Brief History Of Cape Tribulation

This area was called Kurangee by the local Aborigines, meaning ‘place of many cassowaries’. Their tribe was the Jungkurara. They also call it Kulki.

Captain James Cook named Cape Tribulation because ‘here began all our troubles’. His Bark Endeavour struck the Great Barrier Reef and they limped in to Cooktown to make repairs. He also named Mount Sorrow, behind the Cape.

The pyramid shaped mountain behind Cape Tribulation was named Mount Peter Botte by Captain Owen Stanley of HMS Rattlesnake. The Cooktown aborigines called it numbal-burroway or ‘the rock emu’.

The Mason family were the first white settlers. Walter Mason reported that more than 300 aborigines lived along this coast in small family units

A cyclone left ‘only one banana upright – wedged in the fork of a tree’ said Paul Mason

There were six settlers and their children there. A parcel of meat arrived weekly on the Cairns-Cooktown boat.

At the end of WWII, Walter William Mason, who had married Myrtle Elizabeth Blight, returned to pioneer farming.

The Mason homestead was called Noosa after the M.V Noosa that went aground in the bay before the war.

The Masons were running a sawmill from after WWII until about 1963

The Council commenced a vehicular ferry across the Daintree River and the road extended to Cape Tribulation

1960 -1970
Many contractors cut timber in the Daintree/Cape Tribulation area

Dec 15. The Mossman/Cape Tribulation road was opened by Andrew Mason

Rainforests surrounding the privately owned land were declared Cape Tribulation National Park to protect it from logging

Protesters blockaded the Bloomfield track to stop a road between Cape Tribulation and Cooktown. This led to a World Heritage listing of the Great Barrier Reef and the Daintree Cape Tribulation National Park.

Oct. A 4WD-only track opened called the Bloomfield Track.

The Jungle Lodge, the first backpackers hostel, was built.

UNESCO declared Cape Tribulation National Park and the Wet Tropics a World Heritage Area

The State Government offered residents north of the Daintree River a subsidy to install solar power.

Feb. 1500mm of rain fell in 36 hours in the Daintree River catchment area. The current was so strong that the ferry cables on the north side broke, cutting off access for a week.

June. The opening of Rainforest Hideaway resort

Apr. The last section of road to Cape Tribulation was sealed.

June. The Douglas Shire Council announced a 12 month moratorium on all building and development permits. It is still continuing.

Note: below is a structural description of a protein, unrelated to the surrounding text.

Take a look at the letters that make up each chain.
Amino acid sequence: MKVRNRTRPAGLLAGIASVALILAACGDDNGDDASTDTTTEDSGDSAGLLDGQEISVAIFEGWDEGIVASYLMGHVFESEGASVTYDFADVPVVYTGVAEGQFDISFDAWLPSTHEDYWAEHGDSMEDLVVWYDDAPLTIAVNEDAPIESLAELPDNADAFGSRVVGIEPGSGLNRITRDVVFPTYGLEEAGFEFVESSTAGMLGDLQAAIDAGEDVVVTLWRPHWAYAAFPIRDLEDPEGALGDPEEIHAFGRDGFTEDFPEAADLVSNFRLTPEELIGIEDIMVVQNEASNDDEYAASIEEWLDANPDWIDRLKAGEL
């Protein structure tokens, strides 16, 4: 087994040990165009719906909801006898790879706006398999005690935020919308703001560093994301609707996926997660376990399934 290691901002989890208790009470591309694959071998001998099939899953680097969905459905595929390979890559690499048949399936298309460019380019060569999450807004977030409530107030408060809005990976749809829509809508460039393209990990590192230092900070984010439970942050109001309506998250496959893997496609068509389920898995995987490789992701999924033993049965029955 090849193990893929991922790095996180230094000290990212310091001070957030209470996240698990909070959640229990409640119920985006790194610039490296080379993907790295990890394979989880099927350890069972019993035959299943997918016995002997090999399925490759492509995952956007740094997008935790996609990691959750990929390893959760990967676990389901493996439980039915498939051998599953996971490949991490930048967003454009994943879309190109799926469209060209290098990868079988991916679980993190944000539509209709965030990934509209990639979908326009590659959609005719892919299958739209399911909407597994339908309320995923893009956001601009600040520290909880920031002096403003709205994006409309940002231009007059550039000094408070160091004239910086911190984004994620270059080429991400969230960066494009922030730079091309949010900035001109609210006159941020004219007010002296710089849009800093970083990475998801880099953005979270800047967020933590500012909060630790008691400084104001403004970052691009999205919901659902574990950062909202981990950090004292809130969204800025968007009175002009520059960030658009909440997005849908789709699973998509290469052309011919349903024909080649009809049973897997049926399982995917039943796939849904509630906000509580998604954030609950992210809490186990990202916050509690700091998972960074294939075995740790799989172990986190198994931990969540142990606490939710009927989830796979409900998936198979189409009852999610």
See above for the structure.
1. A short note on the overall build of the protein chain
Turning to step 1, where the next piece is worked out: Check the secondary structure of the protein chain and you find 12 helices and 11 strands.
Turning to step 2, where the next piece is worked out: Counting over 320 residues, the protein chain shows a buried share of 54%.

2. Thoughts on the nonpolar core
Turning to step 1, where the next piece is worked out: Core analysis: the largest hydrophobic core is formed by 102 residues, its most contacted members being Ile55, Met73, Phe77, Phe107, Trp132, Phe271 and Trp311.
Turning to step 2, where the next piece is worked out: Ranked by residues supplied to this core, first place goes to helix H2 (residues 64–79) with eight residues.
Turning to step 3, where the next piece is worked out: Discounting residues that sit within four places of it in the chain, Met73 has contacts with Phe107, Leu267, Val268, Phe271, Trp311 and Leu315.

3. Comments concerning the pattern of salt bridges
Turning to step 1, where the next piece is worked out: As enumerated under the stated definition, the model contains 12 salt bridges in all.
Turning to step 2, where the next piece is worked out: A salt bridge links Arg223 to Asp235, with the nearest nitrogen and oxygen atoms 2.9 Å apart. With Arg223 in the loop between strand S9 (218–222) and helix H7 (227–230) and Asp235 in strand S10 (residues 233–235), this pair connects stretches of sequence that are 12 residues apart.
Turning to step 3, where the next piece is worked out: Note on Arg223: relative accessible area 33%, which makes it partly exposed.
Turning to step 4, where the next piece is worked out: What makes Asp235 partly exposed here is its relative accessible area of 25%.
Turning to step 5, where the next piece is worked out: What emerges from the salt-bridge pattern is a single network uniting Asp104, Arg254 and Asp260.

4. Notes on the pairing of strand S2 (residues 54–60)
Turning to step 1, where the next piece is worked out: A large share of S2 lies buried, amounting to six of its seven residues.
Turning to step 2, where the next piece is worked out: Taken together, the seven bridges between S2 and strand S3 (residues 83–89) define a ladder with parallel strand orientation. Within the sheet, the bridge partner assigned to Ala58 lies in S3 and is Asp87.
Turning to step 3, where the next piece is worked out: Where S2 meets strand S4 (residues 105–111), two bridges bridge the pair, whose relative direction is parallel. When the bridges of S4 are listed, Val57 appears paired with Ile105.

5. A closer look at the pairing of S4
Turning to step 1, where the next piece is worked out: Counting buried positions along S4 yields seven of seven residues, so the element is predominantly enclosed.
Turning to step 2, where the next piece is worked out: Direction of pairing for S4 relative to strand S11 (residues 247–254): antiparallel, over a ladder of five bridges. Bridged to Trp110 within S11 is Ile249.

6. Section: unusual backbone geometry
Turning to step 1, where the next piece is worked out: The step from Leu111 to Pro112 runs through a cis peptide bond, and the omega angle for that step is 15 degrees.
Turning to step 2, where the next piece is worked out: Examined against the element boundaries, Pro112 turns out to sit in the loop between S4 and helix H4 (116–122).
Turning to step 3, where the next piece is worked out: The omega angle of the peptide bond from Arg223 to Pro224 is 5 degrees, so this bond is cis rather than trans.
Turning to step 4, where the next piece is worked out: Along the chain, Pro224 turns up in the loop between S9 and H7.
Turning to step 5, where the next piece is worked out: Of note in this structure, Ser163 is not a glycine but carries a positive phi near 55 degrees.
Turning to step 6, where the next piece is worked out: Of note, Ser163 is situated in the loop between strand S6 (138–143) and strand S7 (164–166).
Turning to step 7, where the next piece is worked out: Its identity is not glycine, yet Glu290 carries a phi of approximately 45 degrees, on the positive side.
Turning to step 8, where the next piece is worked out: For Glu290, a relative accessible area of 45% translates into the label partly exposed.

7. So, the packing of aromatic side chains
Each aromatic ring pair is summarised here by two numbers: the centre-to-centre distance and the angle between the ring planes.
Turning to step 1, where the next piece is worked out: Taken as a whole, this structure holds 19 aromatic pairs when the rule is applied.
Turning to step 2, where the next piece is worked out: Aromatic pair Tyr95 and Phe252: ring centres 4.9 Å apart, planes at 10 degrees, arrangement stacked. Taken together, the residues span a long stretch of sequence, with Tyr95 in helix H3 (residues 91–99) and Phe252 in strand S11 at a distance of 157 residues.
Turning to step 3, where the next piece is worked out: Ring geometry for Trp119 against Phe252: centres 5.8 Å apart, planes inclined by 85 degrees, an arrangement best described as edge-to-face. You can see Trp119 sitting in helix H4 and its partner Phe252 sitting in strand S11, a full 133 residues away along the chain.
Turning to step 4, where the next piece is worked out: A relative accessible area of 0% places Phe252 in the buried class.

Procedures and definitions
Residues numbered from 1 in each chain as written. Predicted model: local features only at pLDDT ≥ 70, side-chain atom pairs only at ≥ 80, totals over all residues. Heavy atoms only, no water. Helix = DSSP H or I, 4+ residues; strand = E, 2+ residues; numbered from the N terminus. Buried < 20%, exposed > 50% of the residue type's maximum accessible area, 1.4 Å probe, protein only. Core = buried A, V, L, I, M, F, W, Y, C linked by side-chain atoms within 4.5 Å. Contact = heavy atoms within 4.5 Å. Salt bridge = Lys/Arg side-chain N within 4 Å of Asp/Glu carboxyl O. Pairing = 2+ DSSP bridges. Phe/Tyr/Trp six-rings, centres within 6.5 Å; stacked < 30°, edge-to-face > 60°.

Compiled by Pam Willis Burden March 2006
A more detailed time line history has been published as a Bulletin and is available for $2 plus postage from the Douglas Shire Historical Society.



Bailey’s Creek (Cow Bay) History

Bailey’s Creek is now called Cow Bay

The native police in the Platypus entered a creek ten miles north of the Daintree which they found ‘equally prolific in cedar and having splendid sugar land’  and named it Bailey Creek.

John Moffat of Irvinebank with partners George Young and James McLeod, selected 4,000 acres

The Chinese were growing rice

Kenneth Hutchison from Warwick never occupied his land although the creek bears his name.  His selection was forfeited in 1888.

May 8.  Bailey’s Creek School No. 1004 began on Mr J Doyle’s property.  Jerry Doyle was Moffat’s manager and it was under his house.  The teacher was shared with the Daintree School

April. Half time schools at Bailey’s Creek and Daintree closed due to resignation of the teacher, Mr P Keating, who had to row 16 miles between the schools, 4 of them in the open sea along the coast each week.

The Mason brothers began a plantation Almason

31st July.  Bailey’s creek school closed and was allocated to Osborne’s property on the Daintree River.


Moffat was forced to terminate some of his unprofitable ventures

Andrew Arthur Mason first settled in Cow Bay (then known as Baileys Creek) and after a failed farming venture he moved to Cape Tribulation in 1932.

March 12.  A cyclone ruined the Almason banana crop.

Oct. After the birth of their third daughter Walter and Myrtle Mason moved back to Bailey Creek and attempted to grow rice on the bank of Hutchinson Creek.

June.  The Nicholas family established the Cubbagudta tea plantation from seed from the Nerada plantation at Innisfail.

Jan.  The first harvest of Cubbagudta (aboriginal name for ‘rainy place’) tea

Compiled by Pam Willis Burden March 2006
A more detailed time line history has been published as a Bulletin and is available for $2 plus postage from the Douglas Shire Historical Society.